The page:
2

When doing computer calculation, scientific notation is mostly represented as 1.23e-12. In scientific writing, this is frowned upon and we use explicit multiplication and superscripts for powers like 1.23×10⁻¹². This leads to a barrier between for instance Excel and Word where we can no longer simply copy-paste or even better embed the results. This in turn leads to avoidable typing errors in our documents.

Is there a way of automating this process? In LaTeX for instance, there are a number of packages (for example siunitx) which define macros which automate at least the conversion, so you can type \num{1.23e-12} to get the nicely typeset result. I would ideally like to avoid all manual steps to get from the number in an Excel spreadsheet to the typeset version of the same number in a Word document, something like defining \renewcommand{\myimportantresult}{\num{1.23e-12}} in LaTeX and then just using the macro everywhere instead of the number.

I have found this method to reformat scientific notation, which boils down to using the following formula (in A2 to convert A1):

=LEFT(TEXT(A1;"0.00E+0");3) & "×10^" & RIGHT(TEXT(A1;"0.00E+0");3)

This is close and results in 1.2×10^-12, but I don't know how to add superscripts to only parts of a cell which is calculated by a formula. Furthermore, it complicates the spreadsheet by having these "extra" cells just for display.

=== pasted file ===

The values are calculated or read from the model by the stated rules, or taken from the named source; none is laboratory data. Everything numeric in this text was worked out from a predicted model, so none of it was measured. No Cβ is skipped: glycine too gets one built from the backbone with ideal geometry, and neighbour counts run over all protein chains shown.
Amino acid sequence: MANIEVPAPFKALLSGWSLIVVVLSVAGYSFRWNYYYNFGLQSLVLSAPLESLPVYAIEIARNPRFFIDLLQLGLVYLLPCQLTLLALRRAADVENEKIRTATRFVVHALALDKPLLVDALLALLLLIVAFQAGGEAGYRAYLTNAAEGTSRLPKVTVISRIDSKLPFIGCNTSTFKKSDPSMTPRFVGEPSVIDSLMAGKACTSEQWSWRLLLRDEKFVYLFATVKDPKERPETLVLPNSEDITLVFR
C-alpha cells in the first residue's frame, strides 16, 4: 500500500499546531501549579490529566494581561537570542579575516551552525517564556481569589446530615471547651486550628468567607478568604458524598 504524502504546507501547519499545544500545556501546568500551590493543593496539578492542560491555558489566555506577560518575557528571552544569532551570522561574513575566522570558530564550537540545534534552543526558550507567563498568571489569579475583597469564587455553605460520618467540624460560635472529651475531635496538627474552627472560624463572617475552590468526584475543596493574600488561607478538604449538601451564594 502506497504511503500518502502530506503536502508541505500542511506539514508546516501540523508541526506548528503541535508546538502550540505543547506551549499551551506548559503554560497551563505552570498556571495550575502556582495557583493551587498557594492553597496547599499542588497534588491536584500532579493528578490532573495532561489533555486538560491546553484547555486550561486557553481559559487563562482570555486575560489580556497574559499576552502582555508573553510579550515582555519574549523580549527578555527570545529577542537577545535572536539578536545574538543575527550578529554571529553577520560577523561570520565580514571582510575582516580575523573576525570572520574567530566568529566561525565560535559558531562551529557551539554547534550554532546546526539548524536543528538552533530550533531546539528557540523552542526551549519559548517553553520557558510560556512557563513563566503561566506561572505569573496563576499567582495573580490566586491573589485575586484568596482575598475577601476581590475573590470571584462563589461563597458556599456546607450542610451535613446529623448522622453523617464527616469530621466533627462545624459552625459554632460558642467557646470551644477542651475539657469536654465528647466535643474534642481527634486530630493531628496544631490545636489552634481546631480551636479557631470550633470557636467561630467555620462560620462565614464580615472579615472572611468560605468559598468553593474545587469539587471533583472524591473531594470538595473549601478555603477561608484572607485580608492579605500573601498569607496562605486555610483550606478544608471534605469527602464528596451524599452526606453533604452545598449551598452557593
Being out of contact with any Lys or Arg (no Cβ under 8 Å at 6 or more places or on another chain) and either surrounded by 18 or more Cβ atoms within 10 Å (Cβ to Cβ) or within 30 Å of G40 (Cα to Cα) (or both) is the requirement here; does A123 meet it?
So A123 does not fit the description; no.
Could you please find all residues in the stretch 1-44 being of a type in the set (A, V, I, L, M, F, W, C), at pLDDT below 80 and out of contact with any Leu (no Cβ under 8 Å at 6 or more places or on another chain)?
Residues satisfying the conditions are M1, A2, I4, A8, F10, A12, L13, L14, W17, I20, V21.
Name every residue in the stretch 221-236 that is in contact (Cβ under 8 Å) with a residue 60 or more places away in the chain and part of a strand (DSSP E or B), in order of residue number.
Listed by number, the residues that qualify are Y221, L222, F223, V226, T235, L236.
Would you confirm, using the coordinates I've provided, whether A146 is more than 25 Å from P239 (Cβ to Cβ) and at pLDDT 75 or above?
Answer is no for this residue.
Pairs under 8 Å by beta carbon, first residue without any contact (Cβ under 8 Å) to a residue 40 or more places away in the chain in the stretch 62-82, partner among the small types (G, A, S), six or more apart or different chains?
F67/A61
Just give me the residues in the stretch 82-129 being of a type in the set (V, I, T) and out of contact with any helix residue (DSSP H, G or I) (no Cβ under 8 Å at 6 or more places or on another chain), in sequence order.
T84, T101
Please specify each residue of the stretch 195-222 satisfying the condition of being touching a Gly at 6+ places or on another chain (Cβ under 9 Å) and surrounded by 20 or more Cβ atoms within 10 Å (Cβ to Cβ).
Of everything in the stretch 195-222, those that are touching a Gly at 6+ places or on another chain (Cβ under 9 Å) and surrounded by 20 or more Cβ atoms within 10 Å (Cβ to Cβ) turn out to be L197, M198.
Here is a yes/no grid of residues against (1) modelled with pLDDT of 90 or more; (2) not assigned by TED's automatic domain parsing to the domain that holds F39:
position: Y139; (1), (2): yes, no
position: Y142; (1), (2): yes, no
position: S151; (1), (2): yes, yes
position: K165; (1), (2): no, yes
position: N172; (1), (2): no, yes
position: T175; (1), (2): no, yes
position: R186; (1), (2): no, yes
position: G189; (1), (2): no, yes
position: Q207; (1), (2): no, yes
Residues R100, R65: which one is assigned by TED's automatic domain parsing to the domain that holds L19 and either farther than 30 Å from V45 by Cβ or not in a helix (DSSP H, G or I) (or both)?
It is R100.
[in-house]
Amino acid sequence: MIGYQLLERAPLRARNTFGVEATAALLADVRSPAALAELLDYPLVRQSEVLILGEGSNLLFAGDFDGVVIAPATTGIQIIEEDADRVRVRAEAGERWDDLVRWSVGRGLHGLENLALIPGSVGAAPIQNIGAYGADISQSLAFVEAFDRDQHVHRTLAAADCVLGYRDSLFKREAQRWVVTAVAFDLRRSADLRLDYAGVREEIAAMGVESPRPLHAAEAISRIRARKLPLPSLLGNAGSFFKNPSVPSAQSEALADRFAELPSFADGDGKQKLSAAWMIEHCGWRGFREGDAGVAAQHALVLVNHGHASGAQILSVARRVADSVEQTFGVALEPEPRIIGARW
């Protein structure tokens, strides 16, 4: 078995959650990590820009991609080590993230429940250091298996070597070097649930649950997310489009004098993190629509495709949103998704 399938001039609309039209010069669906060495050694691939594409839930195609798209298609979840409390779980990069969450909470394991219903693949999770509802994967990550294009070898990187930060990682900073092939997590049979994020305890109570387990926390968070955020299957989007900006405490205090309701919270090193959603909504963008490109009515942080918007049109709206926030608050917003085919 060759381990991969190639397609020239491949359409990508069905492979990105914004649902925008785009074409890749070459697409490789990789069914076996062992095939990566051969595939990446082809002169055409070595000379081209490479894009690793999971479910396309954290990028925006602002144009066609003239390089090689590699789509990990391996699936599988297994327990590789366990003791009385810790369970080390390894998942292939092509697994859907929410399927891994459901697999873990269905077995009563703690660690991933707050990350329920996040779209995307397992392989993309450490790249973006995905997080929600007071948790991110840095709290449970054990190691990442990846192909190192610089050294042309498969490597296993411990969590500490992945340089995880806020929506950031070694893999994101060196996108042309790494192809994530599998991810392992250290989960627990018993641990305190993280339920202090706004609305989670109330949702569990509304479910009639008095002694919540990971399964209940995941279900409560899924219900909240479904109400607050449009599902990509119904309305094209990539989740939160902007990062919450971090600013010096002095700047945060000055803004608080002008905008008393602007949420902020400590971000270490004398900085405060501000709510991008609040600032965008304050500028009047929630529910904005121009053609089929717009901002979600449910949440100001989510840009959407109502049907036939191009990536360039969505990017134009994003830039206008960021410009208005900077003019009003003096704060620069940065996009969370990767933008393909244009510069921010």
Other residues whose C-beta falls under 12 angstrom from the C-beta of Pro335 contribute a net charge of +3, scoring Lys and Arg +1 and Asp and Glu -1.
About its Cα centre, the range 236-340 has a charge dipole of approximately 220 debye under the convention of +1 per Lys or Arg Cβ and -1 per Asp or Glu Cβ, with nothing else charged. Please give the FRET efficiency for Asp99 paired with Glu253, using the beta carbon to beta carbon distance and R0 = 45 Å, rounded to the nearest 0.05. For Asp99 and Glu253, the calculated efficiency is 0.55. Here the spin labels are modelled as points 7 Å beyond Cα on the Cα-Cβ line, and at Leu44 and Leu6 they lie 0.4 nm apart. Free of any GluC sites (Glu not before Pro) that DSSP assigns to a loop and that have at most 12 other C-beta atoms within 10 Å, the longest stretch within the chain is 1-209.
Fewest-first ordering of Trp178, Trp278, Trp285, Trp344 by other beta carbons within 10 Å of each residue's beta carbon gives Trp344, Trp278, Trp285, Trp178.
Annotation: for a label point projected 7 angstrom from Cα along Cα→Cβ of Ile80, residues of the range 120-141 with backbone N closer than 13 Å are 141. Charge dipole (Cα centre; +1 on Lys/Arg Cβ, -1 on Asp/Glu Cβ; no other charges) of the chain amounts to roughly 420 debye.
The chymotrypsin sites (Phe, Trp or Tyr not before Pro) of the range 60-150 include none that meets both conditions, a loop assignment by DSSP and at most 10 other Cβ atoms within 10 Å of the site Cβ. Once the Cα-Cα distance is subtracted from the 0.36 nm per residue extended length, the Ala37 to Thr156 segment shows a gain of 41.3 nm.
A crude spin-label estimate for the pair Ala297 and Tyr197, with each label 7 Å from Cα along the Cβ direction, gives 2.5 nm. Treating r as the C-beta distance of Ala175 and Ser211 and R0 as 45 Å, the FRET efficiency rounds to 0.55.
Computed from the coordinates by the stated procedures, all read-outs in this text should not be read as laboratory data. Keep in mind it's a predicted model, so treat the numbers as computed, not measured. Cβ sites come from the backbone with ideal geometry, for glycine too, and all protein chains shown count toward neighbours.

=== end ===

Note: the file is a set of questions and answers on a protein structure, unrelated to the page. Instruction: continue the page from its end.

As an added piece of difficulty, the method I tried to link a value in Excel to Word (paste link) does not seem to work in the Mac version of office 2016 that I am using.

  • 1
    Please note that superuser.com is not a free script/code writing service. If you tell us what you have tried so far (include the scripts/code you are already using) and where you are stuck then we can try to help with specific problems. You should also read How do I ask a good question?. – DavidPostill Nov 6 '16 at 12:25
  • @DavidPostill I've added the closest method I've been able to find, but I literally don't even know the first thing about automating Word in this way. I'm used to a "text-based" paradigm, where my Python scripts write to text files, typeset by Python. I was hoping this relatively common thing from the LaTeX word had a solution I had just been unable to find. – chthonicdaemon Nov 6 '16 at 12:42
4

You can use find and replace in Word. You'll need to use a two step approach:

  1. copy numbers from excel in default format (1.234E+56)

enter image description here

  1. identify numbers with scientific notation:
    • press CTRL+H, more and select "use wildcards"
    • in "find what" enter ([0-9.]@)E([-+0-9]@)([!0-9])
    • in "replace with" enter \1##\2##\3
      (or use any other special characters which don't occur in your documents)
    • press replace all

enter image description here

  1. make superscript:
    • "find what": ##([-+0-9]@)##
    • "replace to": \1
    • press format - font, select superscript

enter image description here

  • This is a good solution that works well if you only need to do it once in one document that has many occurrences. It would be great if someone could also add code for creating a macro using this solution. – Stenemo Dec 4 '18 at 10:24
-1
Sub scientificnotation()
    ' put in general form
    Selection.Find.ClearFormatting